Need a transit pass? The Paris Visite included in many of the passes is not what you should use for price comparison since it’s not a very good value a la carte. I’ve written a separate post of the different transit options here: Paris Transit Passes & Tickets. For comparison, if you plan to use a lot of transit, the Mobilis or Navigo passes are your best choice depending on the number of days you are in town. If you’re planning to walk almost everywhere (which can be done by fit people with plenty of time) or you plan to take taxis, then this is a waste of your money.
Let’s see where we stand for a 2 day pass: Paris Museum Pass (€48) + 2 1 day Mobilis passes (€14.60 ) + river cruise (€15) + hop on/off bus (€35) = €112. That would make the a la carte method cheaper than most except for the Passlib’.
And for a 6 day pass: Paris Museum Pass (€74) + 6 1 day Mobilis passes (€37.80) + river cruise (€15) + hop on/off bus (€35) = €161.80. That would make the a la carte method cheaper than most except for the 5 day Passlib’ (which only includes a 4 day museum pass.)
If you don’t plan to do the hop on/off bus, then a la carte is the clear winner.
If you can match up your stay with the Mon-Sun calendar week, you save even more with the €22.15 weekly Navigo.
And what exactly is all the extra money with the Paris Pass getting you? The extras include a wine tasting, the Grevin Wax Museum, Montparnasse Tower, the Paris Aquarium and a few others. I wouldn’t say none of these are on the a-list for most tourists, but ask yourself if they add up to roughly €75 for a 6 day pass? If you check the 50+ list of museums for the Paris Museum Pass and you don’t see enough to do in those 6 days, maybe the Paris Pass is worth it for you. I know many people don’t end up seeing anywhere close to everything they want to see in one visit. Having time for people watching, strolling the streets, restaurant meals and relaxation (this is a vacation, right?) will make your visit more memorable.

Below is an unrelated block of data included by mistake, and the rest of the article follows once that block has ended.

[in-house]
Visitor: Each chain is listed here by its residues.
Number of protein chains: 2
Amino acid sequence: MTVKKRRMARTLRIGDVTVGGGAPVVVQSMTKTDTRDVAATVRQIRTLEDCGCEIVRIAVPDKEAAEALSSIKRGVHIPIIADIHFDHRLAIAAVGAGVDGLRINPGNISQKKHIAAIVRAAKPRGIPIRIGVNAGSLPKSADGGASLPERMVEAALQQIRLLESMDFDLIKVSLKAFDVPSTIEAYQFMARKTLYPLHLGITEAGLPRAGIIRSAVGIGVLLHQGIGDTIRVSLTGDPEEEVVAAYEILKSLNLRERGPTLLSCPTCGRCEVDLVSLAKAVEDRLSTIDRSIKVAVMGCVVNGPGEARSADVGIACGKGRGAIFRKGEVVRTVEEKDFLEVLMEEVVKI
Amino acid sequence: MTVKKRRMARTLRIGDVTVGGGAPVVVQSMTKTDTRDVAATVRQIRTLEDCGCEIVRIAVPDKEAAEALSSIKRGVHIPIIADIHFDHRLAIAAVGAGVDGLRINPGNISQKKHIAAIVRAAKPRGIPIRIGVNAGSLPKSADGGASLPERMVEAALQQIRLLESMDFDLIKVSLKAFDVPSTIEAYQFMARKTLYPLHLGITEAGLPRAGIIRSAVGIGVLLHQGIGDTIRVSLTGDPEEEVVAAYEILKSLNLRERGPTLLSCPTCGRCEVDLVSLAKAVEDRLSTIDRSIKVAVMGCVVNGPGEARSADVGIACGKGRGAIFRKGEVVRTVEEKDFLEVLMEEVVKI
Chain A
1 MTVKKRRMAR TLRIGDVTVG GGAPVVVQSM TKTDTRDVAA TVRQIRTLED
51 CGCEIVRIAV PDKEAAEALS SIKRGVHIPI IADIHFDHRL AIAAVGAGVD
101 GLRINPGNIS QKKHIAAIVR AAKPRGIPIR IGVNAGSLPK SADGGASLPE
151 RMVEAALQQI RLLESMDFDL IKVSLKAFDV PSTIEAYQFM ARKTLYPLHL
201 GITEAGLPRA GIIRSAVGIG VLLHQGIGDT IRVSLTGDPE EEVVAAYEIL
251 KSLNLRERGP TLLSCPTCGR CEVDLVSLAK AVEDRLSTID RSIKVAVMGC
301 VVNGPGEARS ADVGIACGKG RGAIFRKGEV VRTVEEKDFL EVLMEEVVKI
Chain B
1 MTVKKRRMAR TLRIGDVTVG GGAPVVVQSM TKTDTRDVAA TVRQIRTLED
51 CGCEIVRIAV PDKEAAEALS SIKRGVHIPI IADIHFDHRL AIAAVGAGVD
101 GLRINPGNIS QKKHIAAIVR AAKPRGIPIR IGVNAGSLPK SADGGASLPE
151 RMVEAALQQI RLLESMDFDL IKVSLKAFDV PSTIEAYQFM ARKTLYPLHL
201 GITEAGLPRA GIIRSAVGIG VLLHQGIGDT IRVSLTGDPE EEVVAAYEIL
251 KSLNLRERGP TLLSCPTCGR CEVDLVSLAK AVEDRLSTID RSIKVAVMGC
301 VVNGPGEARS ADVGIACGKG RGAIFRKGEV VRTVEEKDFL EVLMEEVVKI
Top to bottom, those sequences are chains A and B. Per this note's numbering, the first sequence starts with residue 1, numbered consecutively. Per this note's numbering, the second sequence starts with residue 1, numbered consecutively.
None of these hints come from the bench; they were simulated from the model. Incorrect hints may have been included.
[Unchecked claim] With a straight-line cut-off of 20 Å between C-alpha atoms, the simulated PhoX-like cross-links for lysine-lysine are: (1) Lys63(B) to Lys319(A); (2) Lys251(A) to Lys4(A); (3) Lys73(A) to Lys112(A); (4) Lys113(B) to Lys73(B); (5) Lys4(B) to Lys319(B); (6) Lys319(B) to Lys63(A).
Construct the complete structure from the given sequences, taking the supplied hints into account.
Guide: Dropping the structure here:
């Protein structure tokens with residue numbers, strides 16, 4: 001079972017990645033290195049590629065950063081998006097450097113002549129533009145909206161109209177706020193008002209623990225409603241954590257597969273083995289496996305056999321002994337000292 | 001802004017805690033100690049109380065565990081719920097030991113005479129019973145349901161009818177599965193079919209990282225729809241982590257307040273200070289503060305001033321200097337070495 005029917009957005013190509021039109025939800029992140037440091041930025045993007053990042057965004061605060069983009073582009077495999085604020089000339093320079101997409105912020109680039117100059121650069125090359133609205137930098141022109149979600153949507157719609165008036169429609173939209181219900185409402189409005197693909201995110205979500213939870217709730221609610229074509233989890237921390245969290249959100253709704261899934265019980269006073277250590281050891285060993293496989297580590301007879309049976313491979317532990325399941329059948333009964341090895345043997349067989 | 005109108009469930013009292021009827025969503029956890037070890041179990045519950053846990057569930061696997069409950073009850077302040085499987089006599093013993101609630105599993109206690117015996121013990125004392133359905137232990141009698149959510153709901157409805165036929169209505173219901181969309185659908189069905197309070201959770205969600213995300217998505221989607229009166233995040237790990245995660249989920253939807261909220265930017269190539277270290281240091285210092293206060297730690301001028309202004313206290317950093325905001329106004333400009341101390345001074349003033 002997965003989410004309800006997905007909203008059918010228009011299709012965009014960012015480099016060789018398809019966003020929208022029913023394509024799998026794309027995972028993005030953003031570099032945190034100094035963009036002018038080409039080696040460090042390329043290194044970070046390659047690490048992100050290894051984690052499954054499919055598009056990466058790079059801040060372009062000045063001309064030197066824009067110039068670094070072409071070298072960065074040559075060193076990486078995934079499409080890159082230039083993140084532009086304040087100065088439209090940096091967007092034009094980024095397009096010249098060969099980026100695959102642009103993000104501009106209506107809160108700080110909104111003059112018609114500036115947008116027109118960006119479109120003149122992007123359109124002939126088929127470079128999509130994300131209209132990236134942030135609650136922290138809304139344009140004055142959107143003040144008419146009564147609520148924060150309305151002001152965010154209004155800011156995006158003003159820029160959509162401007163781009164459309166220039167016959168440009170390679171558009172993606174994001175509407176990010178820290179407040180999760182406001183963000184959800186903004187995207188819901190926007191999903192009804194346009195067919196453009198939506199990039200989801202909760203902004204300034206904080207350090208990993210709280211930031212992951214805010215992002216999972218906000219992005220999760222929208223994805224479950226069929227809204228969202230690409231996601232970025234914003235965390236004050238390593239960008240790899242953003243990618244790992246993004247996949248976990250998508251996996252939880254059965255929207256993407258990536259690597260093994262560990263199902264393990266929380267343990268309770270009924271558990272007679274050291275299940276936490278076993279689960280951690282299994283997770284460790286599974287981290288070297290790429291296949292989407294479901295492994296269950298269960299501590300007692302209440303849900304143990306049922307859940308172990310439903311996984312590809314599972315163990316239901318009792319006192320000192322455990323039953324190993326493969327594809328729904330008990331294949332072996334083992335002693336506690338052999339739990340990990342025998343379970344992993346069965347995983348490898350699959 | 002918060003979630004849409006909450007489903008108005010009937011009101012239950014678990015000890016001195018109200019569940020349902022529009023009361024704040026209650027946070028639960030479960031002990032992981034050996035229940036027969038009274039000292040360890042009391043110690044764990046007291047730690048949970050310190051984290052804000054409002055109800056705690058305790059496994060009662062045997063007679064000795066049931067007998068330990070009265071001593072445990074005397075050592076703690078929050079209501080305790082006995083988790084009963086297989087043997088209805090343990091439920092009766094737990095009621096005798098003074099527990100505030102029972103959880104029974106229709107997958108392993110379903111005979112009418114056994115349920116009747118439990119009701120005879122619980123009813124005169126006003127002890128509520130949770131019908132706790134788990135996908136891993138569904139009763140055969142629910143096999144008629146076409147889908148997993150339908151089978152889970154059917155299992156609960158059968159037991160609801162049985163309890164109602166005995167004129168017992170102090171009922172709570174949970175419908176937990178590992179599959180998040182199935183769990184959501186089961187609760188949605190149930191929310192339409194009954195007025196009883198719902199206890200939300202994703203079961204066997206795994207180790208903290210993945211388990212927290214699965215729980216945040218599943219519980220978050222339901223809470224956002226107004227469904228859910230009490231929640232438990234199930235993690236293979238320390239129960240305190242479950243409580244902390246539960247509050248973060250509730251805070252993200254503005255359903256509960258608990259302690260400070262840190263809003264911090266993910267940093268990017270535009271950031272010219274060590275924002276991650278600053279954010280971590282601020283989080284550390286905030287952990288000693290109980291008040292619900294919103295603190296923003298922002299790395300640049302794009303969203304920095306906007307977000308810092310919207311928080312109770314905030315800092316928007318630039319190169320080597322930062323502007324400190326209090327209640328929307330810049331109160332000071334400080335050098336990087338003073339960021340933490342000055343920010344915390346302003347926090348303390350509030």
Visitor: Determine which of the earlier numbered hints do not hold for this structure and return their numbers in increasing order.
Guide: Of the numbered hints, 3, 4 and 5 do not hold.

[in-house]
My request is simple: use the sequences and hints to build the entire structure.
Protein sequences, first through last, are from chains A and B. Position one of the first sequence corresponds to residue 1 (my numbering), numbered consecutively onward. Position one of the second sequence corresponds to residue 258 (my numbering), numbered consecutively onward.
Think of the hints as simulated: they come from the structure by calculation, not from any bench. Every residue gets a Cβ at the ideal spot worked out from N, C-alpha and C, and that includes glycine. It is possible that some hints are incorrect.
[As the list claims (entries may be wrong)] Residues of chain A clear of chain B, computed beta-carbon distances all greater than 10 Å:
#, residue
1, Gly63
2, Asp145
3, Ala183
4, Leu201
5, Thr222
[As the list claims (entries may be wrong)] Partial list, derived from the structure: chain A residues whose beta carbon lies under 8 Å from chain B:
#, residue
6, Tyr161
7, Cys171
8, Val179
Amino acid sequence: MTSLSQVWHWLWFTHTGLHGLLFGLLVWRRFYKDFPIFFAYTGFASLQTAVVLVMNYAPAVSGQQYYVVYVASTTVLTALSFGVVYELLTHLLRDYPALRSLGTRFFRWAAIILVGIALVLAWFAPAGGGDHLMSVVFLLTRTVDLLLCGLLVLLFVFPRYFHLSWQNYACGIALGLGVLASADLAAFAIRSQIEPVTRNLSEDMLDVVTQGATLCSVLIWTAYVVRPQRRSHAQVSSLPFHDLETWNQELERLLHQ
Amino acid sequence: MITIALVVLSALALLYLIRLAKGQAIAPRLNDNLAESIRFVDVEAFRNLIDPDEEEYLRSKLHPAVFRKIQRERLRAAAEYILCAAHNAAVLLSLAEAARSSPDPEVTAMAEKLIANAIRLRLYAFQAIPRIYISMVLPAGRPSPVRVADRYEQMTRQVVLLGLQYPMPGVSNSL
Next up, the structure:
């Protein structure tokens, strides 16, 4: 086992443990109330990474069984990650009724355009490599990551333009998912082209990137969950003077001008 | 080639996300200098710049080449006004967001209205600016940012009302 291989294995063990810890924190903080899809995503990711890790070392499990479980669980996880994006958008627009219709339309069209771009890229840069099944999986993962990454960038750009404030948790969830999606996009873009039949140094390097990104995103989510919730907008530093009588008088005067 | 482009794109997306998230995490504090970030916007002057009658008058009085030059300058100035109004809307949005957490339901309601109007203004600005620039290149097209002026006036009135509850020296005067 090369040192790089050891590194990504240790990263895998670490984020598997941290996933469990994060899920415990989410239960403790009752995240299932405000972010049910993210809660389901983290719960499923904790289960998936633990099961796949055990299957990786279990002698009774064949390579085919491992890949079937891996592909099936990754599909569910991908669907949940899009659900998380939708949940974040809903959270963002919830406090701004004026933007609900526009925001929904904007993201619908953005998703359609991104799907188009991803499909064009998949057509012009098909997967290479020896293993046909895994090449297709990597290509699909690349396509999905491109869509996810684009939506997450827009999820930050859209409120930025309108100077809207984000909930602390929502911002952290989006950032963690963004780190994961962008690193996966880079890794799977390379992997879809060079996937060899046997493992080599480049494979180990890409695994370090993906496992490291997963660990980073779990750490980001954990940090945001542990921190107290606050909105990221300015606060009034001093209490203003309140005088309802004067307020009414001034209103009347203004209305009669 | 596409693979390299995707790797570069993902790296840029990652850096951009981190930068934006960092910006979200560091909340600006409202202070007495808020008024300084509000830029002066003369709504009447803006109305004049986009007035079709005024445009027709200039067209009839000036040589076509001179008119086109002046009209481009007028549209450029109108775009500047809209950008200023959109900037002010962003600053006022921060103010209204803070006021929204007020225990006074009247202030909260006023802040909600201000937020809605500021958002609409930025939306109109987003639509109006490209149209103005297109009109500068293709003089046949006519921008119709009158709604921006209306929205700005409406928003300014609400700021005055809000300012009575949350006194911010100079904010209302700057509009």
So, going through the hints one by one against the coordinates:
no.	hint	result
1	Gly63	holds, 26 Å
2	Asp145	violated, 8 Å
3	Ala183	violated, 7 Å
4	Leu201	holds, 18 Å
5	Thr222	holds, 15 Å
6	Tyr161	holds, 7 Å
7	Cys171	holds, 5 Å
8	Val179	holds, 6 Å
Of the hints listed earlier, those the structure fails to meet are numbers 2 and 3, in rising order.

(Scroll to the right to see more detail about what is included for each pass)
Please note that some prices are dollars and some are euros (although the exchange rate makes them very similar these days). Sometimes you may find sales, especially on the Paris Pass. All prices are for adults that do not live in the EU. Teen and child rates are much reduced (although many museums have free entrance for youth). Senior, handicap or financial hardship rates only apply for European and/or Parisian residents with the proper identification and paperwork.
Some passes will allow for delivery to the United States or a hotel in Paris for a fee. All allow for picking up passes at a particular location. Some still charge for pre-ordering and picking up the pass. However the Tourist Info counters in most concourses at the airport and other locations throughout the city have at least some of these passes. The Paris Museum Pass is available at most museums that are covered by it (but not necessarily the smaller ones.)
Note that the Eiffel Tower is not included in any of the passes, unless you get an add on. Also most churches don’t charge, so the passes don’t include them either (however the Notre Dame Archeological Crypt is included with the museum pass, but isn’t the actual church.)